Hey, what do Stanley Kubrick and a Chief Marketing Officer have in common? If you said awesome designer shoes, you’re probably correct. But, in addition, they’re both in the business of stimulating consumer brain function for fun and profit. When audiences watched The Shining in 1980, their terrified brains responded with surges of adrenaline, dopamine and endorphins.
These are the kinds of chemicals the brain creates when you do things like jump out of an airplane, drive a car over 120mph or get into a fistfight. But audiences didn’t have to do any of those things to get that chemical high during The Shining. They just sat there eating popcorn and Raisinets, getting all of the rush with none of the risk.
So aside from creating a modern horror masterpiece and exceptional piece of art, Kubric basically manipulated the brain chemistry of millions with a thrilling movie that became one of the highest-grossing films of that year. Plus, Catman Struthers was in it, so it pretty much couldn’t fail.
Dopamine: The Currency of Social Media
Whenever you do something the brain perceives as rewarding—such as take a bite of something delicious, hug somebody you love, workout or win a big hand at poker—your brain produces a chemical called dopamine. Dopamine is neurotransmitter delivered along the brain’s mesocortical, nigrostriatal and mesolimbic pathways to reward numerous parts of the brain and make you feel good in various ways simultaneously.
The point of this neurochemical mechanism is to reinforce whatever you just did so that you’ll do it again, with the brain’s assumption being that what you did was worthwhile such as completing a big project or finishing a marathon. This is where neural reward systems can also be our downfall. You’ll also get an initial dopamine dump from eating an entire large pizza by yourself while binge watching Ozark.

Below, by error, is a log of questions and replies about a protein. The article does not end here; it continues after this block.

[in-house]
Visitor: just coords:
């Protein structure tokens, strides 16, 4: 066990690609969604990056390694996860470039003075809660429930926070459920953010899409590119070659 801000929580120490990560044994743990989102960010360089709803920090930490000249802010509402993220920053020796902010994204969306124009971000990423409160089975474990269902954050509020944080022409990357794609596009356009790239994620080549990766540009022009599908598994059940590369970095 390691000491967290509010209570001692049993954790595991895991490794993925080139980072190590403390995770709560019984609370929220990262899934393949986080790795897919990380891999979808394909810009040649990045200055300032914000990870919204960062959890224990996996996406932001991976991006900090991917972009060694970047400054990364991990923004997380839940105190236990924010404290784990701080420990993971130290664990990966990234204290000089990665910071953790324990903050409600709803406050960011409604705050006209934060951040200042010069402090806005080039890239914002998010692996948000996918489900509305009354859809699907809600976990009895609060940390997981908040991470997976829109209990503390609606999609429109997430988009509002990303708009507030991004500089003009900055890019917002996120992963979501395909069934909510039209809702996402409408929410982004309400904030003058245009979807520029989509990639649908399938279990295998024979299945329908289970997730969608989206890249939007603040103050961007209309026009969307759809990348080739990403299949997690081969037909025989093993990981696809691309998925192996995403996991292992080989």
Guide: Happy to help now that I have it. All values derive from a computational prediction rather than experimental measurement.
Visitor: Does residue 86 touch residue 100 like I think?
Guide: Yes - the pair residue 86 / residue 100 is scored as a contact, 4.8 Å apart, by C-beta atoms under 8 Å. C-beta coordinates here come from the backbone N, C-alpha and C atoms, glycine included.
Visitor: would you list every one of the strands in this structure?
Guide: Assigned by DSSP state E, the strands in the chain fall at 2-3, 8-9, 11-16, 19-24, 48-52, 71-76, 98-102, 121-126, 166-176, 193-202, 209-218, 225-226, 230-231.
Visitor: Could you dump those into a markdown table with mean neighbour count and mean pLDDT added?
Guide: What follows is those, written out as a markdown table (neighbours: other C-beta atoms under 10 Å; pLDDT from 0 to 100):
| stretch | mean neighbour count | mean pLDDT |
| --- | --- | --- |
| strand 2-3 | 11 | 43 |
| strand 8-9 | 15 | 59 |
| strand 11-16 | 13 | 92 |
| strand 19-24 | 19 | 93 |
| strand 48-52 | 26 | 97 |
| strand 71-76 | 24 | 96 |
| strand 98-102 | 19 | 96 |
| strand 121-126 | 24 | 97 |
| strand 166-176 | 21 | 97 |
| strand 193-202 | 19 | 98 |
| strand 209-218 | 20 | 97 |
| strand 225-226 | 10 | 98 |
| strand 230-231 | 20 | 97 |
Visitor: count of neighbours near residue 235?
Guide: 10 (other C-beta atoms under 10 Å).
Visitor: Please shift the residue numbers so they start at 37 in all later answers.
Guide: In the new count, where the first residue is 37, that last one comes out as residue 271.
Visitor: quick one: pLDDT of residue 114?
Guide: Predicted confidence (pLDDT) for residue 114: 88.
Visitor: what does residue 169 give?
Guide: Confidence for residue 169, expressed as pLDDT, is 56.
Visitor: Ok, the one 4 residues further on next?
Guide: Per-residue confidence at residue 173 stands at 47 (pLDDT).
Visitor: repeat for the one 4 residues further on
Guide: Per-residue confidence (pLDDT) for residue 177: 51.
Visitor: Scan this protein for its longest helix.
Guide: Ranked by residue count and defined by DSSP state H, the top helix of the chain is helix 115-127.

American adults spend, on average, between two and four hours on their smartphones—much of it on social media. And getting those Likes, Shares and Comments delivers dopamine using the same neurotransmitters as any other “rewarding” behavior. So basically we’re all walking around with a device that can self-administer dopamine on demand, much like a patient in a hospital bed clicking a morphine drip.
And what’s more? Dopamine isn’t only released while experiencing something rewarding, but also during the mere anticipation of something rewarding happening in the near future. So just knowing you’re about to watch a movie that’s terrifying, eat a cheeseburger or sneak in an afternoon nap can create a dopamine spike; maybe even a larger spike than the experience of the act you’re anticipating.
Your Content Has to be Killer, or It Will Bomb
So now that we know social media has granted us a direct connection into the brain chemistry of hundreds of millions of strangers, how can we use this awareness to give our social media the neurochemical impact of a blockbuster hit? Your content has to play on the brain’s reward system just like Jack Nicholson breaking through a hotel door with an axe, or that more-than-100-likes feeling. Here are just a few tactics to make that happen: